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While in France, treat yourself to a remarkable day long excursion from Paris into the illustrious Loire Valley. One of our expert tour guides will usher you into Renaissance Age as you explore three of the world’s most renowned châteaux; the Château de Chambord, the Château de Chenonceau, and the Château de Cheverny. While touring the Loire Valley, you will have a perfect opportunity to glimpse the life of the Kings of France and the members of their courts.
Your enchanting day begins at departure point, central Paris at 7:15 a.m. (all details will be listed on your voucher), when you board the deluxe air-conditioned coach and set off on a two- hour drive through the exquisite French countryside. Your relaxing drive takes you to the resplendent Château de Chambord around 9:30 a.m.
Tucked away in the midst of a vast hunting ground, Château de Chambord is one of the largest châteaux in the Loire Valley. King Francis I of France commissioned the chateau in 1519 as a hunting lodge, during its 28-year construction; Leonardo da Vinci assisted in its oversight. Be sure to see one of the Château de Chambord’s most notable features, the stunning double helix staircase. The double helix represented the Tree of Life during this time. The Château de Chambord gained notoriety for housing priceless collections from the Louvre during World War II.
Picture © Patrick Rebai
Your next stop on the tour is the grand and glorious Château de Chenonceau, which arose from the ashes of a chateau built on the site in the 11th century. The current structure resembles a visage from a fairytale, rising exquisitely over the River Cher. An architectural blend of late Gothic and early Renaissance, the Château de Chenonceau and its gardens were works in progress from 1515 to 1521. Chenonceau, often called The Ladies’ Castle, has been home to several renowned aristocratic French ladies. However, mistress of Henry II, Diane de Poitiers, is responsible for much of the chateau’s grandeur as well as the intricate gardens and the bridge that spans the River Cher. The magical architecture and lavish décor transport you back in time to a refined and characteristically French style of living. The Château de Chenonceau is so regal and remarkable that aside from the Royal Palace of Versailles, it is the most toured château in France.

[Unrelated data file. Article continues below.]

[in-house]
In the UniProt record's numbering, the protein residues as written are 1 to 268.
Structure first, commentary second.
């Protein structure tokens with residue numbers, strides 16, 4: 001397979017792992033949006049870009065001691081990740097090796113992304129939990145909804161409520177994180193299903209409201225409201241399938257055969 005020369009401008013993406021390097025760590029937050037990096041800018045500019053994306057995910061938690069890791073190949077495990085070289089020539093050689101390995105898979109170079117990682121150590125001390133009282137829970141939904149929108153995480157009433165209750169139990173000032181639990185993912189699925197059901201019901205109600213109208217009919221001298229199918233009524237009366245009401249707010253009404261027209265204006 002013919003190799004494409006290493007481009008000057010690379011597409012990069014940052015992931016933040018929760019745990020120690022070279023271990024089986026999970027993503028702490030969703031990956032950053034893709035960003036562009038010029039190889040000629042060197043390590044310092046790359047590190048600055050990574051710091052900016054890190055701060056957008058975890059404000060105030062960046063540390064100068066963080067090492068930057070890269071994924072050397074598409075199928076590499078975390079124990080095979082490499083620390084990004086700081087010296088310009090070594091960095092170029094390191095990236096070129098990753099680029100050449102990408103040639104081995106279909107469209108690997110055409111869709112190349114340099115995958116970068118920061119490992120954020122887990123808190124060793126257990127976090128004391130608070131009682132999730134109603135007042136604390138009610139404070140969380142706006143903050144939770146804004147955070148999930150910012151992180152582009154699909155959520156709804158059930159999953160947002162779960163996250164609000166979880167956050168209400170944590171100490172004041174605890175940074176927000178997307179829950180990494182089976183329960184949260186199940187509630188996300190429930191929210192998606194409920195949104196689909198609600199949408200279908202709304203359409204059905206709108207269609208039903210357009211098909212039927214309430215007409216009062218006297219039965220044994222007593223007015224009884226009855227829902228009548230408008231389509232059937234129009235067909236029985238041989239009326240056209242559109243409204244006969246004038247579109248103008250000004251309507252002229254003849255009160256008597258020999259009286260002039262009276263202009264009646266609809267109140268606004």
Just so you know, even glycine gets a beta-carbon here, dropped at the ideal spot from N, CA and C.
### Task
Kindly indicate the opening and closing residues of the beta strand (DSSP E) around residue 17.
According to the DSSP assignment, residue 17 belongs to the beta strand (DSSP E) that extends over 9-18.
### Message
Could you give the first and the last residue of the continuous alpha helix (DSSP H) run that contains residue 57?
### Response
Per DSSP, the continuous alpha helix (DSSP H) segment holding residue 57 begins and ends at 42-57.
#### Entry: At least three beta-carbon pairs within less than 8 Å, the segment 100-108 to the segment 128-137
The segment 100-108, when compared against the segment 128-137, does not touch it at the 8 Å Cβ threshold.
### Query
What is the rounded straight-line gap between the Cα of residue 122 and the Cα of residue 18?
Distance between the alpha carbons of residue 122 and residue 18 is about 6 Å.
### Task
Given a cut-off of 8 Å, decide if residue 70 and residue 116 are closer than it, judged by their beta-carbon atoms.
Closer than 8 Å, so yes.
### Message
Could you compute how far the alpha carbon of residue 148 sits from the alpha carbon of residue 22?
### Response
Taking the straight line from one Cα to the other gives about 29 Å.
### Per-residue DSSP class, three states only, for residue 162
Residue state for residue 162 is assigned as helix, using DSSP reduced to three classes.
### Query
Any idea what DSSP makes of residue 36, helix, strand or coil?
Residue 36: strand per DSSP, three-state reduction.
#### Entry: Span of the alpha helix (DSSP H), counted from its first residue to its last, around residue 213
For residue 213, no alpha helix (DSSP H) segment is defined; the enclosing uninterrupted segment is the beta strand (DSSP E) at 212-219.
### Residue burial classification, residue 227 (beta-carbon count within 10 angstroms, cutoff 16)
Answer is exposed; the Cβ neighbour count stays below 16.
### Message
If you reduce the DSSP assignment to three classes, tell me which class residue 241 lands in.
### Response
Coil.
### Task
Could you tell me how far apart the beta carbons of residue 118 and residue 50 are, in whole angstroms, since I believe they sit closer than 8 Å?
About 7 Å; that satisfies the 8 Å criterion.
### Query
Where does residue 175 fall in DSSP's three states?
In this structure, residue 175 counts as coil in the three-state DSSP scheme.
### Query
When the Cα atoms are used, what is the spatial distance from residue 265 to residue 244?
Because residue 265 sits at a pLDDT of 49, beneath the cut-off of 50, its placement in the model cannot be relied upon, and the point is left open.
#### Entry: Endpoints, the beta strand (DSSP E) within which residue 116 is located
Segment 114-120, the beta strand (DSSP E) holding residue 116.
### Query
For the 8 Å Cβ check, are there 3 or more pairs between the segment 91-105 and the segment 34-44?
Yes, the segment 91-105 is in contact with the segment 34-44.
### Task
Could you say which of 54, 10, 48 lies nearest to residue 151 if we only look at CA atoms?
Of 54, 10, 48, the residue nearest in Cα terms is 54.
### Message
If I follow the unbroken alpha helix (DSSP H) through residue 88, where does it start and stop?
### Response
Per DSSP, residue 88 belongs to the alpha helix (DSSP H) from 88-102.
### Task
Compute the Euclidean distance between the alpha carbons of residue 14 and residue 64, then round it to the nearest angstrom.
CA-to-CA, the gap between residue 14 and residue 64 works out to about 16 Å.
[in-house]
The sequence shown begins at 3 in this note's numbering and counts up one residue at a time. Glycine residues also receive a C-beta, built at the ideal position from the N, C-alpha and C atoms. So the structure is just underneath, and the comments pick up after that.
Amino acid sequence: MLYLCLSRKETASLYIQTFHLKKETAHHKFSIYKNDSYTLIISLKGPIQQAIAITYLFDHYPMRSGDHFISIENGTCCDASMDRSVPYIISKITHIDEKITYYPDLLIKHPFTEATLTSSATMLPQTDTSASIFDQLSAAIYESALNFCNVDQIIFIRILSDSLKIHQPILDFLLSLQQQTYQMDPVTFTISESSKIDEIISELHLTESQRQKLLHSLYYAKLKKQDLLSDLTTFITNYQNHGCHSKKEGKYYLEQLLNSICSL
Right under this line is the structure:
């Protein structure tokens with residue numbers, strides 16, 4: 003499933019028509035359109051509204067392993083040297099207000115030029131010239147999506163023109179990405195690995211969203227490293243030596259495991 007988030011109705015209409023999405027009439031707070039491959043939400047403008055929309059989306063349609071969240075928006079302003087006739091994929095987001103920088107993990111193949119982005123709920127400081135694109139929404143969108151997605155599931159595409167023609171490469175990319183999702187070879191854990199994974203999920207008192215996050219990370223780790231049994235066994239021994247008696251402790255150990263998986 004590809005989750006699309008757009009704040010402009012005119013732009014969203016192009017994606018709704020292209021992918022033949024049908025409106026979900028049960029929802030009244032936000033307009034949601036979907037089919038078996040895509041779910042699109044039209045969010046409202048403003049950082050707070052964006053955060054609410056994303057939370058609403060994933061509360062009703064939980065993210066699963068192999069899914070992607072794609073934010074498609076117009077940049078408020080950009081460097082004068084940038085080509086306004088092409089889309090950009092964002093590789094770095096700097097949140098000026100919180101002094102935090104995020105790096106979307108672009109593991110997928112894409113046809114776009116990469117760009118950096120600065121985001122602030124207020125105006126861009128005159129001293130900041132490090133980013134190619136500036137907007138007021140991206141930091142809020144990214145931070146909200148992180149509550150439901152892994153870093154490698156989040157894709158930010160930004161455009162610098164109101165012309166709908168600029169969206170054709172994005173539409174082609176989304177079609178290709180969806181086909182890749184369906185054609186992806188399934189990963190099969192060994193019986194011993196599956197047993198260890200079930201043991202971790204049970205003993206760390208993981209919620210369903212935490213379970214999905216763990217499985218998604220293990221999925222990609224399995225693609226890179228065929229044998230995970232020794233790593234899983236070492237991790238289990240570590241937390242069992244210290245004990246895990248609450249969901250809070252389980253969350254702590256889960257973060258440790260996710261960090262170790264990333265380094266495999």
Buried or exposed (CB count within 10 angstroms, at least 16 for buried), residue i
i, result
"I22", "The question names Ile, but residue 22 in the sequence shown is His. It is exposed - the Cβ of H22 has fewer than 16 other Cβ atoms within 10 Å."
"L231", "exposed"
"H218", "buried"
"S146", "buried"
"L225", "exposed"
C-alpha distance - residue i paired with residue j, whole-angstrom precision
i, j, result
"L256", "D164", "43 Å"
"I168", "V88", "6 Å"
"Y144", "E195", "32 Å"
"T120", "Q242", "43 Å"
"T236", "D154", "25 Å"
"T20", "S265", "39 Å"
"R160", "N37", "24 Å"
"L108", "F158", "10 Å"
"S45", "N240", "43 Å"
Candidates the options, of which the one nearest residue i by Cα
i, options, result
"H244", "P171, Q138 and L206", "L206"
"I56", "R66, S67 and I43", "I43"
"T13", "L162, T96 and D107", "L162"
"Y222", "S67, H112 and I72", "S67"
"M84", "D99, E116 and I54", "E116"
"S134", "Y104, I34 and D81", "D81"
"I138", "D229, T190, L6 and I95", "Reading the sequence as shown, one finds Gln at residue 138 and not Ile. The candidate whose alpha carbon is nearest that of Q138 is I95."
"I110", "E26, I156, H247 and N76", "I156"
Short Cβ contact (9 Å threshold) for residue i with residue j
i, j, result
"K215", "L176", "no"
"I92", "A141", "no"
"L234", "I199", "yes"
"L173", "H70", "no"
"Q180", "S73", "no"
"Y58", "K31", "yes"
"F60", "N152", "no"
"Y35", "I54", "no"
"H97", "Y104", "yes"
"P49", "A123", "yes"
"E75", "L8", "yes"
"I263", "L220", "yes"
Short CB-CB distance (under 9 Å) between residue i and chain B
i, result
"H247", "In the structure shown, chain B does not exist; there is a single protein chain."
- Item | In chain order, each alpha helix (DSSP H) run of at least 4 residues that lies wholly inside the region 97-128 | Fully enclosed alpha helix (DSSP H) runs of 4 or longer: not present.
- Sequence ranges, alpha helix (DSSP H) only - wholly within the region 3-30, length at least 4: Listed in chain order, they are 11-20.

Picture © Marc - www.chenonceau.com
By building chateau Chenonceau on the Cher river in the 1513, Thomas Bohier razed the castle-keep and the FORTIFIED MILL of the Marques family only keeping the dungeon. It is sad that he never managed to see the finished castle and was completed by his wife and son. Later, it became crown property. Henri II offered this castle to his favourite, Diane de Poitiers. She then decided to have a bridge built, linking the castle to the right bank of the river. This was done by Philibert de l'Orne, the resident architect. Following the death of Henri II, Catherine de Medicis took over the ruling and forced Diane de Poitiers to return the chateau Chenonceau to crown. During her reign and as the Queen mother, Catherine commissioned a great gallery to be built on the bridge.
Your final tour of the day is the Château de Cheverny or Amboise (see details below). This majestic home is the youngest of the chateaux you will see on your tour; its construction began in 1624. Richly appointed with furnishings dating from the 17th century, the chateau features remarkably well-preserved interiors as well as a pack of seventy plus hunting hounds which live in kennels on the grounds.
Picture © Chateau Cheverny
One of the first truly "royal" residences of its kind, chateau Amboise was built during the 15th and the 16th centuries on the orders of Charles VIII, Louis XII and François 1. Following in the footsteps of the great kings of France, you will discover a magnificent example of Gothic and Renaissance architecture. Today, the Chateau still houses an exceptional collection of furniture which has been admirably preserved.
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